Merge Multiple Sets in Java

In this post, several methods are discussed to merge multiple sets in Java into a single set using plain Java, Java 8, Guava and Apache Commons.

 
Please note that duplicate elements present in any set will be discarded during the merge operation.

 

1. Java 8

We can use streams in Java 8 to merge multiple sets by obtaining a stream consisting of all elements from every set using static factory method Stream.of() and accumulating all elements into a new set using a Collector.

We can also accumulate all elements using forEach() as shown below:

 
Stream also has concat() method that takes two streams as input and creates a lazily merged stream out of them. We can use it to merge multiple sets as shown below:

 

2. Guava Iterables

Guava Iterables class provides many static utility methods that operate on or return objects of type Iterable.

1. concat() can be used to combine several iterables into a single iterable as shown below.

 
2. addAll(Iterable, Collection) adds all elements in specified iterable to collection. We can use it inside a for-each loop to merge multiple sets as shown below:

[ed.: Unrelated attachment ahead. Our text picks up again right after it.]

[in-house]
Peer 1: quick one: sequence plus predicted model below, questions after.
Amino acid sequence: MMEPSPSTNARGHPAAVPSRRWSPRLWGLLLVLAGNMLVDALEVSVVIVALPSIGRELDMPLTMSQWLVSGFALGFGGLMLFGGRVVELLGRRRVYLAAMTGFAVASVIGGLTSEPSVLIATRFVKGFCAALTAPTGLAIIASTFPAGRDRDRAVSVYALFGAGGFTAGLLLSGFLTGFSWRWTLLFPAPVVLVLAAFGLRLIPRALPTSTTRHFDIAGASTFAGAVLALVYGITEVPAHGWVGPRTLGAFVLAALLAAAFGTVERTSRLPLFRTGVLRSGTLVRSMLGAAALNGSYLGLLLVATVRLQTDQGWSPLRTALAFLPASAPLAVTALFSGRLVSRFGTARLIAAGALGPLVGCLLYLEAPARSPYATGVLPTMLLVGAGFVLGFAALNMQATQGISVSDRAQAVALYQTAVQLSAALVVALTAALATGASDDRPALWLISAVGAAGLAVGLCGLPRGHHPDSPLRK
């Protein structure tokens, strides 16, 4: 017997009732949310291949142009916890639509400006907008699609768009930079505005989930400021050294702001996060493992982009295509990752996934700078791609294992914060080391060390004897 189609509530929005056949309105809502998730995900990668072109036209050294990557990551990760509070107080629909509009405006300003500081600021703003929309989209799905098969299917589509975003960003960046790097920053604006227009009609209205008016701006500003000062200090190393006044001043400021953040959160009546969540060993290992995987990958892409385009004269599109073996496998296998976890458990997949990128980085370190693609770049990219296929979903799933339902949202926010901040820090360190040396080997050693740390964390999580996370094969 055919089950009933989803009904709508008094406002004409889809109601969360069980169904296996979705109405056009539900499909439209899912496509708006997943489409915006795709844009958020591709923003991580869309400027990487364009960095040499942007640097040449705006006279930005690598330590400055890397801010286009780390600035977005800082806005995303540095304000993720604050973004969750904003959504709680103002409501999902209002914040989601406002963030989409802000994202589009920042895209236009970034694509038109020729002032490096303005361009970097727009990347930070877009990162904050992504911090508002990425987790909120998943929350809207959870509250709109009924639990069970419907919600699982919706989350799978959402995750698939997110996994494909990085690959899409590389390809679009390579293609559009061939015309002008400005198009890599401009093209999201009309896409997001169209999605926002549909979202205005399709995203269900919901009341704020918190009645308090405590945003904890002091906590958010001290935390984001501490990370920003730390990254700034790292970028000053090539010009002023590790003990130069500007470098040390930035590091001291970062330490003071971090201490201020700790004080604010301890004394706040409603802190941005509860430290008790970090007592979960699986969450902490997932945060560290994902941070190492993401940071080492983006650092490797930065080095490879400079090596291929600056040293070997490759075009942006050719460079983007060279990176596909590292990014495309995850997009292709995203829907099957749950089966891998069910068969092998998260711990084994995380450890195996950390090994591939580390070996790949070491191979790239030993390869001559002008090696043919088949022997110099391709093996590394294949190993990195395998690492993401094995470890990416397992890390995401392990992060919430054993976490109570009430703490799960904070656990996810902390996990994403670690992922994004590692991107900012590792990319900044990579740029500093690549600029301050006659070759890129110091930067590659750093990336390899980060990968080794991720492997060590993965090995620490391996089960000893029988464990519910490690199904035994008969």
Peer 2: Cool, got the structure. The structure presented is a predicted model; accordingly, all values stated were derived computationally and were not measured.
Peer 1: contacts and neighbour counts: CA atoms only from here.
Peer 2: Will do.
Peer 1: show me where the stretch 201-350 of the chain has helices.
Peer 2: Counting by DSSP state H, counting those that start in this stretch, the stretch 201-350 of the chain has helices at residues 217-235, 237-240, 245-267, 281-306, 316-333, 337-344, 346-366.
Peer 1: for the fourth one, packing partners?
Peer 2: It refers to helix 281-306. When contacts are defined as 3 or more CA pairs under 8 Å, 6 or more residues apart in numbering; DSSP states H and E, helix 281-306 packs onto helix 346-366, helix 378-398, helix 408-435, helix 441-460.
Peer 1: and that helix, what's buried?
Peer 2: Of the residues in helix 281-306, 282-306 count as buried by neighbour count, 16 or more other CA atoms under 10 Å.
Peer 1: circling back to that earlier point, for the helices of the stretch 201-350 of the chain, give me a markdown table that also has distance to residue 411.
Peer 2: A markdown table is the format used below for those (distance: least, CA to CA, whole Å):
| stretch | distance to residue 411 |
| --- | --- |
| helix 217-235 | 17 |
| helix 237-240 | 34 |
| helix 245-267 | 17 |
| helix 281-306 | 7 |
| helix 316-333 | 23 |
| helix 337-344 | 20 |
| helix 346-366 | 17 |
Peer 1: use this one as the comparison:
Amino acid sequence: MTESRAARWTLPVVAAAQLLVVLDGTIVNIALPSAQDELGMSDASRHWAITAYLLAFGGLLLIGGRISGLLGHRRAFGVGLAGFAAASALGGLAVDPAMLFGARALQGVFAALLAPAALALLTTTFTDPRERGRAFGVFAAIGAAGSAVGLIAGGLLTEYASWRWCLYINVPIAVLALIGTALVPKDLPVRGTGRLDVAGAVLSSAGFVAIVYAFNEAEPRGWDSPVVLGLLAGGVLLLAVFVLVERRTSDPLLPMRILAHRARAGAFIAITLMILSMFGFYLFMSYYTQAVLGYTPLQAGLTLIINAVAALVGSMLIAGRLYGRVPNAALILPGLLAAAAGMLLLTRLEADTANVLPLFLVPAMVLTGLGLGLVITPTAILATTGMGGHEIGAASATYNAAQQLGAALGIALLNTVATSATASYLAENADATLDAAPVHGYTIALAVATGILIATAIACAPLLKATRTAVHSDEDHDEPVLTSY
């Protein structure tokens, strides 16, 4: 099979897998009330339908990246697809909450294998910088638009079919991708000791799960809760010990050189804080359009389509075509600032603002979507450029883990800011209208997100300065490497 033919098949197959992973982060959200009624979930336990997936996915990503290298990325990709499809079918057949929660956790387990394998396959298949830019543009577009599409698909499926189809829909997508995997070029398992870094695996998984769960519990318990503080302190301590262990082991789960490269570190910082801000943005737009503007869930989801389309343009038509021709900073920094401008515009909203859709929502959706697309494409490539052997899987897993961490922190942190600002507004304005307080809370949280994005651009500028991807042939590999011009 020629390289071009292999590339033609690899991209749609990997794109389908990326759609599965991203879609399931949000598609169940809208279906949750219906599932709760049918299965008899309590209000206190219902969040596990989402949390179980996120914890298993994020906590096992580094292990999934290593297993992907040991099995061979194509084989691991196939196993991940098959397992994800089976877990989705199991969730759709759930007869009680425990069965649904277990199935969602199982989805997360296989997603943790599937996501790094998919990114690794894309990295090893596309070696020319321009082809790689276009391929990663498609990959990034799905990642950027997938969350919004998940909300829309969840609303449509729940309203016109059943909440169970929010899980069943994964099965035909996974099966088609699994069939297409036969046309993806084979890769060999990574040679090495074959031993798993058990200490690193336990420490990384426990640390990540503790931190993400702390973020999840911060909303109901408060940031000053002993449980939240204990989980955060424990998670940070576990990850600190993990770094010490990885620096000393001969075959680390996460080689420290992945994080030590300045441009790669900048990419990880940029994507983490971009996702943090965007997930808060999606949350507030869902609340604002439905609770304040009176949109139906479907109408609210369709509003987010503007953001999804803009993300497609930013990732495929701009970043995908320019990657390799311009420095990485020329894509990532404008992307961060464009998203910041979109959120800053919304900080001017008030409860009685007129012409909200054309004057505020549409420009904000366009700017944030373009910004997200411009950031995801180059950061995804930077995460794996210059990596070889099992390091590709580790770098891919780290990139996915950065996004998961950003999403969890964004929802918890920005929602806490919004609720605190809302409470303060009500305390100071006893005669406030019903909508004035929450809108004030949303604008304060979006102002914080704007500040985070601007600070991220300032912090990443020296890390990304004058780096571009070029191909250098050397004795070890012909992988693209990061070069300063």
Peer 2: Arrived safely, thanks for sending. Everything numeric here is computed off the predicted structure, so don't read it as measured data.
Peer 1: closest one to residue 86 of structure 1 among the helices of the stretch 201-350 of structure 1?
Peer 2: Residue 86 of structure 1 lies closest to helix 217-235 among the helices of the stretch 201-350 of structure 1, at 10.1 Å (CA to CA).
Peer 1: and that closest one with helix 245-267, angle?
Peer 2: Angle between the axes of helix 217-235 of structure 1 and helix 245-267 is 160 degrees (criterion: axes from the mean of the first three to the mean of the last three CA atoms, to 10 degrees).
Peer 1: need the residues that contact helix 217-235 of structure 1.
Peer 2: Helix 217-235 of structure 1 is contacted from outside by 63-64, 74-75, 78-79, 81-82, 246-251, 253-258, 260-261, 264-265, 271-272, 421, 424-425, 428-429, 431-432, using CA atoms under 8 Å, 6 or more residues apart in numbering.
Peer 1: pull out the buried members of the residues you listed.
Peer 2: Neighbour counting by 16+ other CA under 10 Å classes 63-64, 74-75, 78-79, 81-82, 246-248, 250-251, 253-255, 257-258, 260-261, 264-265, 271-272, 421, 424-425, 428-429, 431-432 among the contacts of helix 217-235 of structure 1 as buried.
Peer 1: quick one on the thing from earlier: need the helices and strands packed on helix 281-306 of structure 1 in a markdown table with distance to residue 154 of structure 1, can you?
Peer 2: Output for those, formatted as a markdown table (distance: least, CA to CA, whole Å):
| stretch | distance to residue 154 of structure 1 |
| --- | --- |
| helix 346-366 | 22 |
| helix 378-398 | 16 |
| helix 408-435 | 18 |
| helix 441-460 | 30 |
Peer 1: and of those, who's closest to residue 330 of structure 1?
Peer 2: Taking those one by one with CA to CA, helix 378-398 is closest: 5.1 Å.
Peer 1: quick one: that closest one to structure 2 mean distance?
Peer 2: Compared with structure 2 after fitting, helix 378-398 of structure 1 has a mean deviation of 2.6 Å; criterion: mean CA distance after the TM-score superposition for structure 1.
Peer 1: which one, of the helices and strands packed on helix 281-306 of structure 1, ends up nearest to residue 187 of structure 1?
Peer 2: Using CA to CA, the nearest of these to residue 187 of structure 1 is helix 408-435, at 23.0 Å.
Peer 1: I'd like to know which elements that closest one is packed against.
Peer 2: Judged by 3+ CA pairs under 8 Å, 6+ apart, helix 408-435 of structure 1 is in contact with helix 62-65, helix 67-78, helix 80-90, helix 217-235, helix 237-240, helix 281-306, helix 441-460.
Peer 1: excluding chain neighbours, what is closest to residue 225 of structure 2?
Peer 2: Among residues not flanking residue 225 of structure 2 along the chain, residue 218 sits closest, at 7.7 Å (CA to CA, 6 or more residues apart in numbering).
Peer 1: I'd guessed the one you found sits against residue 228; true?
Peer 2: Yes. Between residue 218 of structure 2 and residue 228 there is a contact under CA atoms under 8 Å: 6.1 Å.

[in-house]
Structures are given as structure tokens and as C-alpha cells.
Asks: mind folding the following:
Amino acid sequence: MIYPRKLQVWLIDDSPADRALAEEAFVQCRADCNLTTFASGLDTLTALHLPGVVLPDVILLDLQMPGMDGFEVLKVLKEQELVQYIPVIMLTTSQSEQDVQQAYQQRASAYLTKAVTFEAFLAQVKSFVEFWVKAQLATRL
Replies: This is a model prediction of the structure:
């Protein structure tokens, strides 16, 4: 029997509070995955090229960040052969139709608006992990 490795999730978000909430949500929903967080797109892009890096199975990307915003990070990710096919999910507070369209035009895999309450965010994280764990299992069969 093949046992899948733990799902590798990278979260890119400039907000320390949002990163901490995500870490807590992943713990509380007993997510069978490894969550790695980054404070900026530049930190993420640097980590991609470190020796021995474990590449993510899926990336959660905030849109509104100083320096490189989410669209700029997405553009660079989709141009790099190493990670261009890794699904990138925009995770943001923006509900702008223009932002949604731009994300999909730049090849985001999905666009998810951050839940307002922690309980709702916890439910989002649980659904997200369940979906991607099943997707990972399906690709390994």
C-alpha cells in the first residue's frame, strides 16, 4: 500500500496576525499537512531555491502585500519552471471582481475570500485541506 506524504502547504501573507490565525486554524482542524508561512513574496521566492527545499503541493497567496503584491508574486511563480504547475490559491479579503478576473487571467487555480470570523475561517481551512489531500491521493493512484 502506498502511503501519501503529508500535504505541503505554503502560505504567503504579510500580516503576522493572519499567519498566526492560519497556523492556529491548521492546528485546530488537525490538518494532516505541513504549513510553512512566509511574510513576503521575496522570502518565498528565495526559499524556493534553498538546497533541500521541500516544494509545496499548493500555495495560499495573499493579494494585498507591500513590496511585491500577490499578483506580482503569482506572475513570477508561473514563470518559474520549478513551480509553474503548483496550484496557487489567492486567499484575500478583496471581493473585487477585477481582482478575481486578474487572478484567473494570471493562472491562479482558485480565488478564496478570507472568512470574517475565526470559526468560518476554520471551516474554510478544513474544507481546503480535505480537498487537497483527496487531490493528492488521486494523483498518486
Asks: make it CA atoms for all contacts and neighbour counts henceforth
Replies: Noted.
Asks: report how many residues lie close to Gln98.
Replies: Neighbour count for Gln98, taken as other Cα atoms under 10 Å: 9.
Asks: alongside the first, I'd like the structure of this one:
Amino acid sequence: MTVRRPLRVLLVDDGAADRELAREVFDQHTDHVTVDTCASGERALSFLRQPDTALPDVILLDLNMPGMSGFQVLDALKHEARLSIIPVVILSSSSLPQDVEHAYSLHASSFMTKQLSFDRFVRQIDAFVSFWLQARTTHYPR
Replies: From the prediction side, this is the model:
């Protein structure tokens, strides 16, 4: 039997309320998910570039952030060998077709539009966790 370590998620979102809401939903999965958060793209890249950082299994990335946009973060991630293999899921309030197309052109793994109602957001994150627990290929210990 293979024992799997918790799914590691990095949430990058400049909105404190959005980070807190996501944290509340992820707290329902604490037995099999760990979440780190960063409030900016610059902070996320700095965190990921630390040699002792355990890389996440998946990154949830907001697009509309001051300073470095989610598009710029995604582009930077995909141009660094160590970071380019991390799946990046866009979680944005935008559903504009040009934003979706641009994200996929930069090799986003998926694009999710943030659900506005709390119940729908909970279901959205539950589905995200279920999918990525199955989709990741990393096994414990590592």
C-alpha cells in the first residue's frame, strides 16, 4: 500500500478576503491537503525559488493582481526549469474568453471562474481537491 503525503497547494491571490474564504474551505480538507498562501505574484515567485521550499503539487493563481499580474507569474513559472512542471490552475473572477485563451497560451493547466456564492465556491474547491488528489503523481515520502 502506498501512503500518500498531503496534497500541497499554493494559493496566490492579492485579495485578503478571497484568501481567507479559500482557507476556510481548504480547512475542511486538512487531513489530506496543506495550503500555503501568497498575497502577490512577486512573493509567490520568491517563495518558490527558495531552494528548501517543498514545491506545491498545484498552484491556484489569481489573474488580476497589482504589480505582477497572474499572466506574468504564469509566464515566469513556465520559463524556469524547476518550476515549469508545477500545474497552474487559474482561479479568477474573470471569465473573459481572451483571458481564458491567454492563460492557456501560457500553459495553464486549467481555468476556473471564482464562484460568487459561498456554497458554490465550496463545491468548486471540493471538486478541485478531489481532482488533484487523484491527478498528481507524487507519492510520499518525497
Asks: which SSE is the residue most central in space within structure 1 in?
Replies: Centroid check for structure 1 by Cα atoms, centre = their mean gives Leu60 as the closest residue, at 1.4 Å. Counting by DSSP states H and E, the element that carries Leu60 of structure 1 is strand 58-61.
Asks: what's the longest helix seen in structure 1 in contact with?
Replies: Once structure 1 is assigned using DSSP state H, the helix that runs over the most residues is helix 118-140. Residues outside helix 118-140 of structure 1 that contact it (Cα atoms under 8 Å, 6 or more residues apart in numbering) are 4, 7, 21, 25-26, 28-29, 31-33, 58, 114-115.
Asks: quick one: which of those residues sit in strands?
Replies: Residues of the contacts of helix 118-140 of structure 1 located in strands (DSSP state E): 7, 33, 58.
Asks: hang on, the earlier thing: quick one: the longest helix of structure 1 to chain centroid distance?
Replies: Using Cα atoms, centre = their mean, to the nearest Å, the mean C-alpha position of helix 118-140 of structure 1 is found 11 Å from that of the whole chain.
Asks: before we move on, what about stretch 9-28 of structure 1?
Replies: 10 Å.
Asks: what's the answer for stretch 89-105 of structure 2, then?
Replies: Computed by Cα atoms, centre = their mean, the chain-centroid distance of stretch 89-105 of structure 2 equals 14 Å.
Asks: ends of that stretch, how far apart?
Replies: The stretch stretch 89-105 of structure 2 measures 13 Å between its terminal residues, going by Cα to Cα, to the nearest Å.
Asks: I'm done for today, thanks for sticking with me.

3. Apache Commons Collections

Apache Commons Collections SetUtils.union() method takes two sets as an input and returns a new set containing the second set appended to the first set. We can use it to merge multiple sets as shown below:

 
Apache Commons Collections also provides IterableUtils class that contains several utility methods for Iterable instances. One such method is chainedIterable(), which can combine multiple Iterables into a single one as shown below:

 

4. Set.addAll()

Set.addAll(Collection) method merges all elements of the specified collection to the set (if not already present). We can use it inside a for-each loop to merge multiple sets as shown below:

 

5. Collections.addAll()

Collections class provides addAll(Collection, T[]) method that adds specified elements to the specified collection. This method is similar to Set.addAll() but offers better performance.

 

6. Double Brace Initialization

We can also use Double Brace Initialization which internally creates an anonymous inner class with an instance initializer in it. This method should be avoided at all costs.

 
Thanks for reading.




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